Friday, June 3, 2016

Jessica Pierce

Jessica Pierce has written extensively within the field of bioethics, beginning with an early interest in the interconnections between health care systems, environmental degradation, and health (The Ethics of Environmentally Sustainable Health Care). Over the past decade, her work has increasingly turned toward one of her principle passions in life: animals. Her 2009 book Wild Justice: The Moral Lives of Animals, written in collaboration with cognitive ethologist Marc Bekoff, builds a scientific case that nonhuman animals exhibit of a broad range of prosocial behaviors, including empathy, cooperation, fairness. Her 2012 book, The Last Walk: Reflections on Our Pets at the Ends of Their Lives, explores end-of-life care, dying, and euthanasia in the lives of our companion animals, weaving analysis together with a journal chronicling the decline and death of her beloved dog Odysseus.

Pierce's latest book is Run, Spot, Run: The Ethics of Keeping Pets.

Recently I asked the author about what she was reading. Her reply:
I always have at least one fiction and one nonfiction book going at all times. On the fiction side, I am currently reading The Snow Child, by Eowyn Ivey. The story is set in Alaska in the 1920s, and centers around a middle-aged couple named Mabel and Jack. Unable to resolve their grief over a miscarriage and a childless future, the couple decides to homestead on the Alaska frontier. In a rare carefree moment, they build a snowman in the form of a little girl, outfitted with bright scarf and mittens. The snow-child becomes animate and begins haunting the woods around their cabin, bringing them small gifts. She seems to be the answer to their deepest desire, but is she even real? And what will the little snow child cost Mabel and Jack in the end? Based on a Russian fairy tale called The Snow Maiden, the narrative blurs the line between the real and the magical. And, as in many fairy tales, the granting of a wish carries with it the foreboding of a karmic debt whose payment will be unbearably high.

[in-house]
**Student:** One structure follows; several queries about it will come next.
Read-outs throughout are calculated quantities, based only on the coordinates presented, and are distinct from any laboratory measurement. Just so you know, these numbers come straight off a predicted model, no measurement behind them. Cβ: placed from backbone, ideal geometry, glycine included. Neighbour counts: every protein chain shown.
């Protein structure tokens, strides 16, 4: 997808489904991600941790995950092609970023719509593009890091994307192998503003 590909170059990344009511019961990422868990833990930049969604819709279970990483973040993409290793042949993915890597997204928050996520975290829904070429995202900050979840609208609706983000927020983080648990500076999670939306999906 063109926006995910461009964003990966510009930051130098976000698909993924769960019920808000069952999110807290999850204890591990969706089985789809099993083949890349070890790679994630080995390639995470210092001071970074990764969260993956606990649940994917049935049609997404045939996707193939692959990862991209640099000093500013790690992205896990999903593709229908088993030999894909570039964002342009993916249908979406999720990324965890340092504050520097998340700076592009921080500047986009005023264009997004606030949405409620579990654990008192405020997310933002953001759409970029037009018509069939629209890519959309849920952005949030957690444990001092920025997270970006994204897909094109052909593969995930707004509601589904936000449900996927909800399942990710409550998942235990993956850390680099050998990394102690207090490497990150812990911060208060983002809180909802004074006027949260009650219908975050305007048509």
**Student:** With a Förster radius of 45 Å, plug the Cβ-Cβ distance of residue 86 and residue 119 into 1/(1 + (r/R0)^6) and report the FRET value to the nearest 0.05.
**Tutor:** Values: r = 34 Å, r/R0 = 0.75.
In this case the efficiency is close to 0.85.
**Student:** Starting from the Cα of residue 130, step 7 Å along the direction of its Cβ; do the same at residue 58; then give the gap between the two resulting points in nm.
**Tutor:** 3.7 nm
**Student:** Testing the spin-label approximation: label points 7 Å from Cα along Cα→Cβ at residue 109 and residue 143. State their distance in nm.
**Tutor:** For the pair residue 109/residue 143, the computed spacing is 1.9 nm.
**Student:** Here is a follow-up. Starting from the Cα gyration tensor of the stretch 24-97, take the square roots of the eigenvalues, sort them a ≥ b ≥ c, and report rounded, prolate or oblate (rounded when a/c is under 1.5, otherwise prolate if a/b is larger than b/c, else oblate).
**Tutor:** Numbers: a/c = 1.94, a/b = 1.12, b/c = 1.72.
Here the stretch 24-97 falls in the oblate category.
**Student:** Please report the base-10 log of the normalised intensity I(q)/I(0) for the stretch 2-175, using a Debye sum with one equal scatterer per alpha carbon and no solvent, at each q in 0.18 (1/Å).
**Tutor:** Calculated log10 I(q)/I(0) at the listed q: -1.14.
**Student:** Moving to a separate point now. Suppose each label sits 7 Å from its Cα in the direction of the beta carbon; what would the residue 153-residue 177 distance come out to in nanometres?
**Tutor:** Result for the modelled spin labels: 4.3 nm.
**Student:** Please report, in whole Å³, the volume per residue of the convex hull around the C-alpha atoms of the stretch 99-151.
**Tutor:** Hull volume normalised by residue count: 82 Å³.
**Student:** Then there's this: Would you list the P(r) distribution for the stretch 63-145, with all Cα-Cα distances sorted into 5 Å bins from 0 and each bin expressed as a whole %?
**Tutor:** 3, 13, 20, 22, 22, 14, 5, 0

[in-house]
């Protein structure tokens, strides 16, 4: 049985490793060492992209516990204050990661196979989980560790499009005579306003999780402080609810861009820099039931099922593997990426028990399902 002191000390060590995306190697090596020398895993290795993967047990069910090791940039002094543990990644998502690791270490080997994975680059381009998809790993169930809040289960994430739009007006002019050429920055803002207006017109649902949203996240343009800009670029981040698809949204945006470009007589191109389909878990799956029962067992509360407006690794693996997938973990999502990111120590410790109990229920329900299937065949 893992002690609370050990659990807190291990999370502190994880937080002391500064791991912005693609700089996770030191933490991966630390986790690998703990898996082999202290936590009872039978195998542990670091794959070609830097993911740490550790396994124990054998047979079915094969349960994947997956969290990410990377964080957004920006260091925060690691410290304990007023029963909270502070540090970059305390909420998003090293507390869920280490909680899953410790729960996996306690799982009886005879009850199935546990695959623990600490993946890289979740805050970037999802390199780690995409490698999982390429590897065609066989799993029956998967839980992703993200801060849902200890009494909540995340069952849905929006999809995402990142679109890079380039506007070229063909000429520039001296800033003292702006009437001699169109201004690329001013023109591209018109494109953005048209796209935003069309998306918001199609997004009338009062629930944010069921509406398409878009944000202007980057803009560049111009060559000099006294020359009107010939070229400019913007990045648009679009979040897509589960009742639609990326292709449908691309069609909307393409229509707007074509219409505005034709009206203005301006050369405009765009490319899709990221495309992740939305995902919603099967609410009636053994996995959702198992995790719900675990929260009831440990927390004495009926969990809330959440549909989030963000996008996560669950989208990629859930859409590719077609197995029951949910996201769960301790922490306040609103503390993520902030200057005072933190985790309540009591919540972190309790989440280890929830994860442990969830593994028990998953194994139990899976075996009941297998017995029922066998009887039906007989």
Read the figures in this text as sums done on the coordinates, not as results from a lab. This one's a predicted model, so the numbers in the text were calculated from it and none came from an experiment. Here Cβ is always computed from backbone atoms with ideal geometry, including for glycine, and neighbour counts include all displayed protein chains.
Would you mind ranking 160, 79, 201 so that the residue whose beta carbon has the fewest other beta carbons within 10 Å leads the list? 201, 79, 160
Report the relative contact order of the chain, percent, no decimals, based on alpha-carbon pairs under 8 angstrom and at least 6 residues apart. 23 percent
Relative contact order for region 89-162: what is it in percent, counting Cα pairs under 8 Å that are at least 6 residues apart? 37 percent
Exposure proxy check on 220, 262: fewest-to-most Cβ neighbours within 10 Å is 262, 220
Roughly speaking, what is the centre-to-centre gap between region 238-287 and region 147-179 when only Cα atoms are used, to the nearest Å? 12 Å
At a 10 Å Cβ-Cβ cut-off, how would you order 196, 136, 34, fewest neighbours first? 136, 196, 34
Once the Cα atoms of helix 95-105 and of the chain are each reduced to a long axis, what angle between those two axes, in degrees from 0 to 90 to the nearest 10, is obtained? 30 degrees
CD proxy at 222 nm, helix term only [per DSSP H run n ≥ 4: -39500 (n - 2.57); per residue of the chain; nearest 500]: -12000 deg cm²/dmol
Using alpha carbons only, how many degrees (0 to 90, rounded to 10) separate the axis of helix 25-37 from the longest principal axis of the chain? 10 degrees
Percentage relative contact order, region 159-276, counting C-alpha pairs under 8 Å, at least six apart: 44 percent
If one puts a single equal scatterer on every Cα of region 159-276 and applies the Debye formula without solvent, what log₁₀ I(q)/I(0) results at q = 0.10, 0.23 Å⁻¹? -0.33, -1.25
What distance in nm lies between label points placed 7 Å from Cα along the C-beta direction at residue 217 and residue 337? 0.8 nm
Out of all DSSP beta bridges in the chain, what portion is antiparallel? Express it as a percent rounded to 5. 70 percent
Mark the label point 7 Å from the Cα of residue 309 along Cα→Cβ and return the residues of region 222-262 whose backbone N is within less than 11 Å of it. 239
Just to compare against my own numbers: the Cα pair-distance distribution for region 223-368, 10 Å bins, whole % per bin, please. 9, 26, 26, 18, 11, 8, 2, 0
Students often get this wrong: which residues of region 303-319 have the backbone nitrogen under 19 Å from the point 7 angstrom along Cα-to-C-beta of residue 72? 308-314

I have a special affection for fairy tales because they remind me of my father. When I was young, my father read or recounted to me nearly every story from Andrew Lang’s “Coloured” Fairy Books, a twelve-volume collection of fairy tales published around the turn of the 20th century, a few years before the setting of The Snow Child. Reading Ivey’s book has inspired me to dig through the basement bookshelves and pull out several of Lang’s colored Fairy Books. I’ll read these next.

On the nonfiction side, I’m working my way through primatologist Frans de Waal’s most recent book, Are We Smart Enough To Know How Smart Animals Are? Although the title is rather cumbersome, it nicely encapsulates the main point of de Waal’s book: we won’t be able to really grasp the intelligence of animals if we don’t stop using ourselves as the gold standard for what “smart” is. For example, we have been quick to claim that almost no animals have theory of mind, because they fail the so-called mirror test. But it turns out that the mirror test is a very blunt instrument for assessing animal intelligence, and is optimally suited for testing human self-awareness. The limits of our own worldview and intelligence are a natural impediment to exploring the inner lives of other animals. With that in mind, we should cultivate a sense of respect for and curiosity about our fellow Earthlings.
Visit Jessica Pierce's website.

Coffee with a Canine: Jessica Pierce and Maya.

The Page 99 Test: The Last Walk.

--Marshal Zeringue